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New Calif. Law Making It Hard for Sushi Chefs to Do Their Job Right


"...still it really feels... something different."

A new state law in California meant to protect public health could have unintended consequences on a cuisine where touch and feel is very important -- sushi.

sushi Those handling raw food that won't be cooked before being served to customers are required to wear gloves per California's new law. (Photo credit: Shutterstock)

Sushi chef Ken Uechi, who has been crafting the raw dishes for eight years, told KCBS-TV about the importance of touch in the food-making art that frequently features uncooked fish.

“It’s about putting life into a piece of sushi, we want to be able feel the rice, control the texture, but with gloves, it’s kinda hard to,” Uechi said.

The law, part of an update to the California Retail Food Code, requires those handling raw food that won't be cooked to wear gloves or use utensils to prevent their hands from touching the item. The measure meant to prevent the spread of germs was enacted at the beginning of this year and is in its soft rollout, meaning restaurants not abiding by the law have six months to come under compliance before they're fined.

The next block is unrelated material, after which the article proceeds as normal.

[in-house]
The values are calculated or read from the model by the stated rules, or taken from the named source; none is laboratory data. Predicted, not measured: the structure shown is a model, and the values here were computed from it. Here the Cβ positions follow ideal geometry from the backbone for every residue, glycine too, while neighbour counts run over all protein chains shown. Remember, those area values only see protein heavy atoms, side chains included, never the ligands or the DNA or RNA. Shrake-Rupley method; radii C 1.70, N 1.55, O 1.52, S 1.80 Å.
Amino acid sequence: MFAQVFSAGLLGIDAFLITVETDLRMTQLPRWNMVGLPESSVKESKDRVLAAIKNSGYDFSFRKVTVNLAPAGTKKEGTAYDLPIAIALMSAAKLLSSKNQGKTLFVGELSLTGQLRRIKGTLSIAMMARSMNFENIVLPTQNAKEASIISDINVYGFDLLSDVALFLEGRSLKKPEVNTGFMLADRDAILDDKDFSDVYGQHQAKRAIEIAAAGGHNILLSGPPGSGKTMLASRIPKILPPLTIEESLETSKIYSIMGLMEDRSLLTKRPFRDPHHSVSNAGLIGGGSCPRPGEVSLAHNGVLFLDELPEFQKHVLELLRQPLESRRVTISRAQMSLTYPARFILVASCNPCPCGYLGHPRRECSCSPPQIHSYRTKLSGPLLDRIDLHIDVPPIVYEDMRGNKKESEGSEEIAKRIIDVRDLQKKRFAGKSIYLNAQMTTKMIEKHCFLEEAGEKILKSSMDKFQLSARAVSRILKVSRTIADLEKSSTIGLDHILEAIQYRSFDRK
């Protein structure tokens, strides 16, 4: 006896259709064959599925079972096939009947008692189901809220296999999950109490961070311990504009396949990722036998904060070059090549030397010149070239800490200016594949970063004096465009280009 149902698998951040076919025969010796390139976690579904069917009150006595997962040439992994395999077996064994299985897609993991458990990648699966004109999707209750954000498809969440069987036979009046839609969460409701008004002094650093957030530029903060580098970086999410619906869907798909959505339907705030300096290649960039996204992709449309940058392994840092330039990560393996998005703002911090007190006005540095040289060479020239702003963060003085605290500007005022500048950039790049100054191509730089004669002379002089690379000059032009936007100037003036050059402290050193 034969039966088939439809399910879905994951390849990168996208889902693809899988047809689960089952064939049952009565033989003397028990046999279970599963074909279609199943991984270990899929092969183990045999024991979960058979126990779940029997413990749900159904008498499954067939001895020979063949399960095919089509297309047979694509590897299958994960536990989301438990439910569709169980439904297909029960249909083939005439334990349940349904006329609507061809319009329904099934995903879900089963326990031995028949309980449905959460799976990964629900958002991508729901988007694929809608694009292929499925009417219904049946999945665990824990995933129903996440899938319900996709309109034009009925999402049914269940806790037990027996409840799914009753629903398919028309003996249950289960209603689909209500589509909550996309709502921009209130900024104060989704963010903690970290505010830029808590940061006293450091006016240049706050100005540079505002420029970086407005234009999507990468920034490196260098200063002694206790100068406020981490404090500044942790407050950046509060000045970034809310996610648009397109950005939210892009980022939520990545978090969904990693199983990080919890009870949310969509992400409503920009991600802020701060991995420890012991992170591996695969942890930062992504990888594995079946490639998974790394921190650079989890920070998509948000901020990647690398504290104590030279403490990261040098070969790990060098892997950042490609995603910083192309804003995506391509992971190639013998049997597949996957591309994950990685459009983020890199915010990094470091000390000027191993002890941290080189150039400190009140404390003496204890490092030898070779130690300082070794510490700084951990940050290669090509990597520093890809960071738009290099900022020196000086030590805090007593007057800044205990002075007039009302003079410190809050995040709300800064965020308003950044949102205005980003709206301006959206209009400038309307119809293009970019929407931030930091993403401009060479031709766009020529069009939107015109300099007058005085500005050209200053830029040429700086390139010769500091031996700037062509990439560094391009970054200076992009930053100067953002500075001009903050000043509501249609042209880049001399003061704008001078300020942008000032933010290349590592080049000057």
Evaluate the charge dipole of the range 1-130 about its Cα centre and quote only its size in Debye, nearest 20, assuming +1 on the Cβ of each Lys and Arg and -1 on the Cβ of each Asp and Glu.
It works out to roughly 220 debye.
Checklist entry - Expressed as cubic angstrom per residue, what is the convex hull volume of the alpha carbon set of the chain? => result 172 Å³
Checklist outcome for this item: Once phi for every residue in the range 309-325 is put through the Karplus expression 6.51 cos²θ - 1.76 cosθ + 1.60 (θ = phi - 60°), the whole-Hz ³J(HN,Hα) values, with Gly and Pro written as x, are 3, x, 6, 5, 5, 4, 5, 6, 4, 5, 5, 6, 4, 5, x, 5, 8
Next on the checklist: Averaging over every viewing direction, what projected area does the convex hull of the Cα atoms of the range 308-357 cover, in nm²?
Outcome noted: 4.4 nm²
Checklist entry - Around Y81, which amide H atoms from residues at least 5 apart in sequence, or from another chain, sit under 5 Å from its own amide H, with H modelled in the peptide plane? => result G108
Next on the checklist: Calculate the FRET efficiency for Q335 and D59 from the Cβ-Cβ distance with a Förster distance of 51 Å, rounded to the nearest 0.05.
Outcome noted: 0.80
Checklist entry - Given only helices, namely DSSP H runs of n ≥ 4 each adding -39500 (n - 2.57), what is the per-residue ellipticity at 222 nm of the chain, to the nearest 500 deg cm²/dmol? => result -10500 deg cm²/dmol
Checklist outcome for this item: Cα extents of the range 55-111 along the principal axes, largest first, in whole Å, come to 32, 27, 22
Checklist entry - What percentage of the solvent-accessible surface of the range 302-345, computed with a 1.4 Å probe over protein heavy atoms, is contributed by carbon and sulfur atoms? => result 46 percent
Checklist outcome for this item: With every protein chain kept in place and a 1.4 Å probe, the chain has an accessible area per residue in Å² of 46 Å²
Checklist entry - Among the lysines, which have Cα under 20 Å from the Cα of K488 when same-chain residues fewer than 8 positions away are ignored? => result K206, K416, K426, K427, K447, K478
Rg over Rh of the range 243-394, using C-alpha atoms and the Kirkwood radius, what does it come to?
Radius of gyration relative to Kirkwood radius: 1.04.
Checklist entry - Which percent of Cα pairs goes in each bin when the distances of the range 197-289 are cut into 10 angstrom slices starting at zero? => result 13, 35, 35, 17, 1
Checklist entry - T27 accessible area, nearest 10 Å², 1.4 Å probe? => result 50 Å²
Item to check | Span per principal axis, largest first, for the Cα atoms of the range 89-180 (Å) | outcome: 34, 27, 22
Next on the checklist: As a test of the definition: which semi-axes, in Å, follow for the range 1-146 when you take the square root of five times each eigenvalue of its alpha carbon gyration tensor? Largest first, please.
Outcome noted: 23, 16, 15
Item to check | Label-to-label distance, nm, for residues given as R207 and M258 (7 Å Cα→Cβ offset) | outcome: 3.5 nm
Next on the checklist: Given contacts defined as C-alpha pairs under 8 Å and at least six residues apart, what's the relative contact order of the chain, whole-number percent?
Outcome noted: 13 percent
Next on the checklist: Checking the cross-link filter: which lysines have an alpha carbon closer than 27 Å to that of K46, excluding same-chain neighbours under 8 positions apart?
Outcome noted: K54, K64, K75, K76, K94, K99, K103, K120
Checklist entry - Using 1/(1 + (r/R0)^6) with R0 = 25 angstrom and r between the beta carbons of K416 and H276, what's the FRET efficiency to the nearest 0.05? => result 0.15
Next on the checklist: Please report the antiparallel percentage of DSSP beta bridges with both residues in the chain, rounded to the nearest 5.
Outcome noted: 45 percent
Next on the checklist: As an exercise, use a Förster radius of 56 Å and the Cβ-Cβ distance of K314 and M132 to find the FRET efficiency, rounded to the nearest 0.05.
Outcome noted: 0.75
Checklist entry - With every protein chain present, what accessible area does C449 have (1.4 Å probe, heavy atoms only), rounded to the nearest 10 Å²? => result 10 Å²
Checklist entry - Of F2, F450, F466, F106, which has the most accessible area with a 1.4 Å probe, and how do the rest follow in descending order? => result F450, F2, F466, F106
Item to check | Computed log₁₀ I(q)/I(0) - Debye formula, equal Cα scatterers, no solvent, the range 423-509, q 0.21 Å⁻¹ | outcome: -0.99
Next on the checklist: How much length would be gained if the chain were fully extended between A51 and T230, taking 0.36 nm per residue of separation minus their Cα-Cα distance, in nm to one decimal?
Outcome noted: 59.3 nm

Toshi Sugiura is another sushi chef less than thrilled about how this could impact his raw culinary creations.

"Looks OK to me," Sugiura, owner Bar Hayama in Los Angeles, told NPR after preparing sushi wearing a glove. "But still it really feels...something different. I've been doing 30 years making sushi, and it's never been using gloves."

[sharequote align="center"]"I've been doing 30 years making sushi, and it's never been using gloves."[/sharequote]

Sushi fans hold similar angst against the glove-wearing requirement.

“I think it’s ridiculous. I’m paying a trained professional that needs to feel the rice that needs to touch the fish,” Bill Burrs told KCBS.

Sushi chefs and their loyal fans aren't the only ones annoyed by the new law. It also applies to bartenders touching the lime slice or orange garnish being added to cocktails.

"I felt really suffocated by it," bartender Matthew Biancaniello told The Los Angeles Times earlier this month, adding that the gloves also give off an unsavory stigma that can make people think "hospital."

Experts say glove wearing isn't a cure-all for preventing the spread of bacteria and viruses. According to NPR, Christine Bruhn, director of the Center for Consumer Research at the University of California- Davis, said "gloves are not the barrier you would think they are." They don't replace a good, old-fashioned hand-washing.

NPR noted that restaurants can apply for exemptions, but the rules for what could grant such an exemption is not clear.

Featured image via Shutterstock.

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